I'm trying to prove that any group $G$ of infinite order has an infinite number of subgroups.
I think that if the group has an element of infinite order, then it's easy because I can take the groups generated by the powers of this element.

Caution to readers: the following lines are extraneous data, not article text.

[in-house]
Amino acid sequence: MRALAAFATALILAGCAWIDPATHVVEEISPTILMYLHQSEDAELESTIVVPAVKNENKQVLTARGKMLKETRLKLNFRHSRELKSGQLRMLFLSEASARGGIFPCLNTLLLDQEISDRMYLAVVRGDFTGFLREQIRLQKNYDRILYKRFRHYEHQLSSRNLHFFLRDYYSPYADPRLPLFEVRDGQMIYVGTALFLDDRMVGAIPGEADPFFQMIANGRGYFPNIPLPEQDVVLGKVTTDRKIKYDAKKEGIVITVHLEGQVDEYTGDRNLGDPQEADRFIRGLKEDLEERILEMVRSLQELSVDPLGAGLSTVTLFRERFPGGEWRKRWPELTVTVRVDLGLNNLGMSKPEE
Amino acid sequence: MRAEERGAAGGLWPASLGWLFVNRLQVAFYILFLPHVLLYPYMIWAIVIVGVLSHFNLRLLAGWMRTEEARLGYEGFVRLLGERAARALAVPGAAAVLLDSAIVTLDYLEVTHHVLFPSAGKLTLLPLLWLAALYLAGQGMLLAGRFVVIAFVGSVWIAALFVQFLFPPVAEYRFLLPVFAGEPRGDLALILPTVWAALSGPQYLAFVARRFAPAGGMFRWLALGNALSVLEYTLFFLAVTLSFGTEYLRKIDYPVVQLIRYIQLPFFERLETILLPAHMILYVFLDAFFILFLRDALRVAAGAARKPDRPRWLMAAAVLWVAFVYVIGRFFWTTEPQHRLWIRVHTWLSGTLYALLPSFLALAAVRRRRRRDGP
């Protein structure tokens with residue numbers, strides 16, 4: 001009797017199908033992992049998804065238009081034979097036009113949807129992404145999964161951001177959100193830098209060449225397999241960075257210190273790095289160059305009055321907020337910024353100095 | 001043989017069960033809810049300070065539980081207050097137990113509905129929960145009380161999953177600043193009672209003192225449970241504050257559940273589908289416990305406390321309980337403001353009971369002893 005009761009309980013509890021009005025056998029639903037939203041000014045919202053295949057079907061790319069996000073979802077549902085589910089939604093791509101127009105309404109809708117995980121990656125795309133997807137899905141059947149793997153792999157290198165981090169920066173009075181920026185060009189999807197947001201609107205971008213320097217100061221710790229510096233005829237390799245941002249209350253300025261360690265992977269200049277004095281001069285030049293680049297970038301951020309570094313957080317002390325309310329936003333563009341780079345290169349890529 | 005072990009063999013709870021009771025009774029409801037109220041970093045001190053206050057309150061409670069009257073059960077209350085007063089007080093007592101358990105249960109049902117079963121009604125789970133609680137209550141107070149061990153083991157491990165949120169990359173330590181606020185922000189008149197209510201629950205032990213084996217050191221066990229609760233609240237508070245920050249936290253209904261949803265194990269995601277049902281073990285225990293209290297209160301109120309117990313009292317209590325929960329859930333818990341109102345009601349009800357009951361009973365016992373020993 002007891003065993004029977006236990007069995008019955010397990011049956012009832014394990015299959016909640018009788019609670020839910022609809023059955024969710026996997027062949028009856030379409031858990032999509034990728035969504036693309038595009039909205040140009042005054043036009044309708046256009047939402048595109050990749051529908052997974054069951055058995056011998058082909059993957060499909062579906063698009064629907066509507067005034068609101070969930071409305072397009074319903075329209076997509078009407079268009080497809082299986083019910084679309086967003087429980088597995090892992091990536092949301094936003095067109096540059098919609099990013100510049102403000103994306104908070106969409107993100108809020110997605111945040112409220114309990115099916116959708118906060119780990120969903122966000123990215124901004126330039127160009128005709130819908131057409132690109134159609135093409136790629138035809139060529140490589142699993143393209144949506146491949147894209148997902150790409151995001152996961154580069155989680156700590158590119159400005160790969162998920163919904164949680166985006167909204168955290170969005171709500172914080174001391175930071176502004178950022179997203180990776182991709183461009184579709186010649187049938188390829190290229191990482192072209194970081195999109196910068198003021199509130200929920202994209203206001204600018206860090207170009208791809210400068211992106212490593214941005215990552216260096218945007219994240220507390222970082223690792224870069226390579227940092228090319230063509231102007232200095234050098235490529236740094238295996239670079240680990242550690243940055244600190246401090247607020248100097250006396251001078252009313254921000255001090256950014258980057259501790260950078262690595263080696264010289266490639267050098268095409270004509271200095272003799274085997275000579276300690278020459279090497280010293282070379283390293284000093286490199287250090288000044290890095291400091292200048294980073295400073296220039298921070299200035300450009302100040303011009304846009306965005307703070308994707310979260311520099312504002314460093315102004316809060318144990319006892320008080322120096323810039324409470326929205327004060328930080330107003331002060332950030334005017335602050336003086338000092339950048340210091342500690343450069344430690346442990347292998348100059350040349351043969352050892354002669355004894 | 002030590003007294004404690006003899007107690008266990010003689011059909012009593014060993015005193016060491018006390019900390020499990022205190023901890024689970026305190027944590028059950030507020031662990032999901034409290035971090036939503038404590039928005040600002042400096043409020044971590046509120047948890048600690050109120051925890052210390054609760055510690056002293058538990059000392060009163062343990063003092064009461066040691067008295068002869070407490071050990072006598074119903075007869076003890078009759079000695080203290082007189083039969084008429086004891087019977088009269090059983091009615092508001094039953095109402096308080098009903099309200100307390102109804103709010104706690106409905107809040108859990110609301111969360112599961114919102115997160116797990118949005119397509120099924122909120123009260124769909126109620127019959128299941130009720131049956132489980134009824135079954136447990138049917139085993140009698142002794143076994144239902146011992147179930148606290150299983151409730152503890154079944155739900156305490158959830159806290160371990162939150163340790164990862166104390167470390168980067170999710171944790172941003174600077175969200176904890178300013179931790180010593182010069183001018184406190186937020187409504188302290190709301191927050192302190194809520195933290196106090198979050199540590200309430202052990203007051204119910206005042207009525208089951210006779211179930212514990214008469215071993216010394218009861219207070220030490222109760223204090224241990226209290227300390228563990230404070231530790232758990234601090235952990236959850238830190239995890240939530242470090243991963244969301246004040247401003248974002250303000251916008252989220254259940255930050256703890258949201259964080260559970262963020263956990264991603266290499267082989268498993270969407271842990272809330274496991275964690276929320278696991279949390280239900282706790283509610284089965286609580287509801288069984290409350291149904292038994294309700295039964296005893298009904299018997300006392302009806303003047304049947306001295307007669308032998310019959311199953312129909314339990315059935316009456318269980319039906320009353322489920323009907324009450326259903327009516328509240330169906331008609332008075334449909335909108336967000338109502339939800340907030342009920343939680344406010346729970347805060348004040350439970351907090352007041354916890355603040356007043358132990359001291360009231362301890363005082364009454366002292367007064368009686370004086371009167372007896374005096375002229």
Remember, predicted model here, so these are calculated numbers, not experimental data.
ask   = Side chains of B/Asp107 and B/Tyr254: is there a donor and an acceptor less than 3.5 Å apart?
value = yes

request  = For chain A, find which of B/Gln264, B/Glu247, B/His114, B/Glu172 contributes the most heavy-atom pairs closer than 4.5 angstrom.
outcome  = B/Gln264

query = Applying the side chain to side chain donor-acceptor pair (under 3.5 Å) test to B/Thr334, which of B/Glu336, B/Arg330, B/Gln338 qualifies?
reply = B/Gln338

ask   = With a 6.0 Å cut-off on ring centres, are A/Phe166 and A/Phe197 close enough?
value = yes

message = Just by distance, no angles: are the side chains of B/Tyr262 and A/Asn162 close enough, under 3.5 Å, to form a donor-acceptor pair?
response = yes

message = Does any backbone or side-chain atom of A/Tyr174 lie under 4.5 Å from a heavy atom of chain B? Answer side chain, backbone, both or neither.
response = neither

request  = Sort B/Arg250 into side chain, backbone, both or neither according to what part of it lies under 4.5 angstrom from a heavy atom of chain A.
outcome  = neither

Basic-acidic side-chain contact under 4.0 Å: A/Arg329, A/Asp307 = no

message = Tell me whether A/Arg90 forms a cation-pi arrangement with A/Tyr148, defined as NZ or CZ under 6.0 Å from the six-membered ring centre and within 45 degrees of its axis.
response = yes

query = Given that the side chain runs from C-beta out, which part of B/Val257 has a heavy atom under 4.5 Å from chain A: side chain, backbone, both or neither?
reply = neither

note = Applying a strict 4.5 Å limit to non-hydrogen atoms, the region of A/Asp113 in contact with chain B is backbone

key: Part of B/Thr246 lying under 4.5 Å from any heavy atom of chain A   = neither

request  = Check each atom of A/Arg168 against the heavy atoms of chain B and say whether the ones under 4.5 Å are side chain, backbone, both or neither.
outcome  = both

What if it doesn't? Every element generates a cyclic subgroup. Every element belongs to at least one cyclic subgroup (that generated by itself). So the group is the union of its cyclic subgroups. If all these are finite, we would have to have an infinite collection of subgroups anyway.
Is that correct?